The UK yield curve bear steepens today with yields adding 4 bps (2-yr) to 2.6 bps (30-yr). The UK 2-yr yield added around 55 bps since the Bank of England switched positions at its August meeting. From that moment, the onus changed from keeping monetary policy very accommodative to enable inflation to rise to the 2% target over the medium term to applying some modest tightening in order for inflation to slow to the 2% target over that same policy horizon. Modest interest rate hikes are part of the plan and could even come before the BoE ends net asset purchases under its QE-programme and thus before the end of the year. That’s what markets have been discounting and could be derived from weekend comments by BoE governor Bailey and inflation hawk Saunders. The former warned on the potentially very destructive impact from persistent inflation pressure if the BoE doesn’t act. The latter aligns with market thinking about a 2021 inaugural rate hike. Sterling tested EUR/GBP 0.8472 support, but the move lacked dash. The range bottom of the sideways channel (0.8472/50) doesn’t seem like giving away that easily. GBP/USD tried to force its way above the recent intraday spikes just below 1.3650, but the move similarly lacked panache.
European yields maintained last week’s upward momentum as well. German yields add 1.5 bps (2-yr) to 2.9 bps (10-yr) across the curve. The 10-yr yield easily passed the June high (-0.15%) and has the 2021 recovery high for grabs (-0.07%). The European 10y swap rate currently trades above highly relevant technical resistance. A sustained break above the zone 0.21% (38% retracement 2018/2020 decline) – 0.23% (previous all-time low in 2016) – 0.24% (early 2020 high) would end the medium term sideways trading channel (-0.39%-0.24%) and set the stage for a new trading arena defined by the previous resistance as bottom and 0.59% on the upside (62% retracement on 2018/2020 decline). Oil price developments continue to play an influential role with Brent crude setting a new recovery high above $84/barrel before showings some signs of topping off. Key ECB policy makers (see below) for now don’t budge despite dangerous inflation developments. Today’s eco calendar wasn’t influential while the absence of US traders (Columbus Day) lowered trading volumes. European stock markets cede slightly ground, failing to build on last week’s comeback. The biggest victim on FX markets from rising interest rates is the Japanese yen. USD/JPY gains another big figure from 112 to 113, trading at the strongest level since 2018. EUR/JPY approaches 131.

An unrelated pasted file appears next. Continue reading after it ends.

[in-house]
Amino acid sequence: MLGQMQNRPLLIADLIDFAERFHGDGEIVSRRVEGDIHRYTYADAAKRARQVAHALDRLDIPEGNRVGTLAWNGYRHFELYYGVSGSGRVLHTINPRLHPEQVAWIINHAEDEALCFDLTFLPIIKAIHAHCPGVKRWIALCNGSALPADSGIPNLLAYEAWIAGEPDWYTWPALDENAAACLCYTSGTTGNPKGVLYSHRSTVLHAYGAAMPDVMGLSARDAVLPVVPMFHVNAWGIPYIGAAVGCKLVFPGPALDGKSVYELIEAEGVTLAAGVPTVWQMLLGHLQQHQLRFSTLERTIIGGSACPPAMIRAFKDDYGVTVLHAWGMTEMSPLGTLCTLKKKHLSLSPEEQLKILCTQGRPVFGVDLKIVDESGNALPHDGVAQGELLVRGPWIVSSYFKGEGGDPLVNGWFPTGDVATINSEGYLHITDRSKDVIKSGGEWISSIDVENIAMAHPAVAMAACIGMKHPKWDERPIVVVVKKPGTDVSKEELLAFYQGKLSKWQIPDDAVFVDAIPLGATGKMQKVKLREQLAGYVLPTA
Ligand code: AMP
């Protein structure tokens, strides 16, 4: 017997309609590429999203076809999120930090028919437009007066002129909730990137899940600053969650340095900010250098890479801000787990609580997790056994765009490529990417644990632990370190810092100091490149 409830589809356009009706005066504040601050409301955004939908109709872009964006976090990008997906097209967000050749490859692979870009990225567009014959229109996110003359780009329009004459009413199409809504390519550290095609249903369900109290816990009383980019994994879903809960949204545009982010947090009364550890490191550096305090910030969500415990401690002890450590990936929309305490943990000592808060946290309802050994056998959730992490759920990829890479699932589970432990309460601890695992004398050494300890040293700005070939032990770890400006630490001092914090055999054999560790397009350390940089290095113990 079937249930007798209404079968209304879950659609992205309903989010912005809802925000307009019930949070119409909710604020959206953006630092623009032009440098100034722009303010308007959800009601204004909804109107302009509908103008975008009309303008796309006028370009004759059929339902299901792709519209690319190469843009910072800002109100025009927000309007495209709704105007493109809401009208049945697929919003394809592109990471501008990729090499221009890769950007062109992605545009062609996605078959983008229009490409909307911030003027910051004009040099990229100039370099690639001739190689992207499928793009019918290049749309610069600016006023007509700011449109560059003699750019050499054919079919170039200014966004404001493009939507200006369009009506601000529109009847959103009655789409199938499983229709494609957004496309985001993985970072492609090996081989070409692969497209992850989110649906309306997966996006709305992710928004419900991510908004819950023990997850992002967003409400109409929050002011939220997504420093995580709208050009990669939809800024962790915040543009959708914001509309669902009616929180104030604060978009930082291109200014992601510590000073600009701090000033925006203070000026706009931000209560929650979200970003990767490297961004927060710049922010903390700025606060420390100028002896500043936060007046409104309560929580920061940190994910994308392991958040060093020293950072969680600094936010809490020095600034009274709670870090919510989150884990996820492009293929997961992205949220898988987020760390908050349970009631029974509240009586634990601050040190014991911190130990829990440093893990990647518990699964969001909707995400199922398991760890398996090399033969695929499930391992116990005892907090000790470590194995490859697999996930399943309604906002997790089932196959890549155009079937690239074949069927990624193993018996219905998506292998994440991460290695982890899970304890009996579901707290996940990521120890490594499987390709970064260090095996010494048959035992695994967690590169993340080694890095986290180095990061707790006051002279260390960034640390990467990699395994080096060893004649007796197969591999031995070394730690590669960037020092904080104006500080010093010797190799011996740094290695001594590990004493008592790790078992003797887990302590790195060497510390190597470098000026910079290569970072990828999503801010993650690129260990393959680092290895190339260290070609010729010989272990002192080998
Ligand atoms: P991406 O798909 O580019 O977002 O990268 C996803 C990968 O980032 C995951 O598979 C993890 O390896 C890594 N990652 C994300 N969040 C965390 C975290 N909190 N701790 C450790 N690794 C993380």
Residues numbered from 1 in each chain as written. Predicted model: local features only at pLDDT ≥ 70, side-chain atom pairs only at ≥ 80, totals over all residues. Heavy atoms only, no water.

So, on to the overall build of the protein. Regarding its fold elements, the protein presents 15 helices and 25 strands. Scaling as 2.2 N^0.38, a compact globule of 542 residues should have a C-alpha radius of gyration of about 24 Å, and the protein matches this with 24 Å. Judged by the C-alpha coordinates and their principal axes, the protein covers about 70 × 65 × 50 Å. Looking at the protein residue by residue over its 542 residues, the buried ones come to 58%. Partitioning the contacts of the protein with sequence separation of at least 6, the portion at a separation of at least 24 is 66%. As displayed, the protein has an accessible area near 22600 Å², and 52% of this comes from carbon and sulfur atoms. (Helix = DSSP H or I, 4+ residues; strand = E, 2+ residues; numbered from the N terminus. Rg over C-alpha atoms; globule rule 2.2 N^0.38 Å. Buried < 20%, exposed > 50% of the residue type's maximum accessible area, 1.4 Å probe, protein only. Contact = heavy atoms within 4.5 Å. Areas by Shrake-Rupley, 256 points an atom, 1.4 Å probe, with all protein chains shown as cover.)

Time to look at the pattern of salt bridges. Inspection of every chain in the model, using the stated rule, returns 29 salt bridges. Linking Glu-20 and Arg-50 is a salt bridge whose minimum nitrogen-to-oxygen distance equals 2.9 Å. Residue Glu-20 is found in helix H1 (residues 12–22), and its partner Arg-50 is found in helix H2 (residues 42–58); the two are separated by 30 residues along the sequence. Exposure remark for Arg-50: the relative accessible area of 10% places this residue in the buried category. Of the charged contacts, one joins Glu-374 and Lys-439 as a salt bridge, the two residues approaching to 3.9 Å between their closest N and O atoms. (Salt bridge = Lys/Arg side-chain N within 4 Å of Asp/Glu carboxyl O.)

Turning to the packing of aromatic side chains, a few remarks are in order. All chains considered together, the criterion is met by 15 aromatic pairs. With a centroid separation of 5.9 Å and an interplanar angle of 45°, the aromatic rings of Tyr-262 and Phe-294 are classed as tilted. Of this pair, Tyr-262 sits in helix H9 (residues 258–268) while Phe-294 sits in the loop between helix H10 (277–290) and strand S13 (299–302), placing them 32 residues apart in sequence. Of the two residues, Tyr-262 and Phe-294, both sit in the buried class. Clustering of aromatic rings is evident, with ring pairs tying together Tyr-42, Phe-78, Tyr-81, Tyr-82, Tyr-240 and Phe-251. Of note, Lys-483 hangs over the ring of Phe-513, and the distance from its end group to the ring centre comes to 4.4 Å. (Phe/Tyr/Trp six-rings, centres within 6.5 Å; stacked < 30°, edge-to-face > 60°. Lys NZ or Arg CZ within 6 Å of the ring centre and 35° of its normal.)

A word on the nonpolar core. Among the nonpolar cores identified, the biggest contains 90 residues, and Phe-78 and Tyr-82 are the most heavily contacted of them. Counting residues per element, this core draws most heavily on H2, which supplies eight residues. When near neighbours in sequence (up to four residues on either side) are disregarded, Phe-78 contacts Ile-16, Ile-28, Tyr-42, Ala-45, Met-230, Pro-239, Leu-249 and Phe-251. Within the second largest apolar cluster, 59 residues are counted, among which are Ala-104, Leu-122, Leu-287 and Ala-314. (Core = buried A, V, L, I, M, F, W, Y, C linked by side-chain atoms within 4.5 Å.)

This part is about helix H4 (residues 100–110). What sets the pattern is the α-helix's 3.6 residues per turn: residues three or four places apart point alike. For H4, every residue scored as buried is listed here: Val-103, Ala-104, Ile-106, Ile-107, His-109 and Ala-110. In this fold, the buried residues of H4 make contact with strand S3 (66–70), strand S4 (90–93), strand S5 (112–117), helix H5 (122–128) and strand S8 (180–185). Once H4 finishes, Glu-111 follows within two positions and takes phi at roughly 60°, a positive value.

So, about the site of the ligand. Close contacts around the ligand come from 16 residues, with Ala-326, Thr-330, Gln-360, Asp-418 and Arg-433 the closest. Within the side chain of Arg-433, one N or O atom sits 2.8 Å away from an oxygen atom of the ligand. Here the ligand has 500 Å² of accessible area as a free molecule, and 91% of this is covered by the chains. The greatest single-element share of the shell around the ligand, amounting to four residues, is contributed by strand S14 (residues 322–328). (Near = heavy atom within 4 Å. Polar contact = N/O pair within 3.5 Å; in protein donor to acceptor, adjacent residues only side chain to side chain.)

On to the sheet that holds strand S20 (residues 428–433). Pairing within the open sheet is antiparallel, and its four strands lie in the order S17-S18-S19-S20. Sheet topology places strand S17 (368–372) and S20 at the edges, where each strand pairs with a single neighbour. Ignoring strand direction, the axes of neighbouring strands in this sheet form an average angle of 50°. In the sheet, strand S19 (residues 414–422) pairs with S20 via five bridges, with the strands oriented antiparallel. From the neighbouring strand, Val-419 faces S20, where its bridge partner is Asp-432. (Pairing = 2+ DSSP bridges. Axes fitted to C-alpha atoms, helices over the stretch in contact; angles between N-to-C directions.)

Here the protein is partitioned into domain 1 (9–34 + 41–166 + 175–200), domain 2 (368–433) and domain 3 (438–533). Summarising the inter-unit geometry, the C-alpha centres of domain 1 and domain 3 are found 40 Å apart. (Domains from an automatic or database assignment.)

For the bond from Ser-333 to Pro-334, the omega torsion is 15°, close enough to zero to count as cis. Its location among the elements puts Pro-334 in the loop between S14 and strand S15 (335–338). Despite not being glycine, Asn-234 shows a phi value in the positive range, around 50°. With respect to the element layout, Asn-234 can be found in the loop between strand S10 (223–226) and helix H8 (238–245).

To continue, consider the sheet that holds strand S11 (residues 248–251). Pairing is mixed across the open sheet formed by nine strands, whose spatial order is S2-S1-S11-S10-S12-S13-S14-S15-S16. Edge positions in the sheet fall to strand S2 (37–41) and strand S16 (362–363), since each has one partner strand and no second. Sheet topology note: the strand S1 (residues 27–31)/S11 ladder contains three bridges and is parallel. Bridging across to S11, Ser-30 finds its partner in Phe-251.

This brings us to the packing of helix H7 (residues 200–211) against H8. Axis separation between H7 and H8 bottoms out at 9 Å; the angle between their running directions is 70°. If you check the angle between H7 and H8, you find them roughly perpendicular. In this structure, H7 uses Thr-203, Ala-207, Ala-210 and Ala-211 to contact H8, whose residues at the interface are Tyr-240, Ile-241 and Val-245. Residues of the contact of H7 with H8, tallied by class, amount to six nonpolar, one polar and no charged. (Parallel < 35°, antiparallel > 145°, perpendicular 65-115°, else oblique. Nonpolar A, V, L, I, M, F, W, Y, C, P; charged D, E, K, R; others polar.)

Czech headline Inflation rose 0.2% M/M and 4.9% Y/Y (from 4.1%), the highest since October 2008. The rise is predominantly due to an unexpectedly sharp pick-up in core inflation and faster growth in food prices. Within core inflation, the cost of owner-occupied housing is an important factor. According to the CNB, the rise in costs ‘stems both from the domestic economy, which is characterized by a renewed increase in labour market tightness and a strong consumer appetite, and from abroad’. The CNB already responded to this risk by raising interest rates by 0.75% in September and will assess it comprehensively in the forthcoming autumn forecast. The initial reaction of the Czech krone to the data was modest, but the currency regained traction after the CNB comments with EUR/CZK currently trading in the 25.40 area. However, the key 25.25 area stays out of reach.
ECB’s Lane elaborated on the conditions that need to be fulfilled to raise the policy rate over time. With respect to the condition that “realized progress in underlying inflation is sufficiently advanced to be consistent with inflation stabilizing at 2% over the medium term”, he mentioned the need to sharply differentiate between volatile components of headline inflation and persistent dynamics of underlying inflation. According to Lane, this approach also applies to wage rises. ‘In particular, a one-off shift in the level of wages as part of the adjustment to a transitory unexpected increase in the price level does not imply a trend shift in the path of underlying inflation’.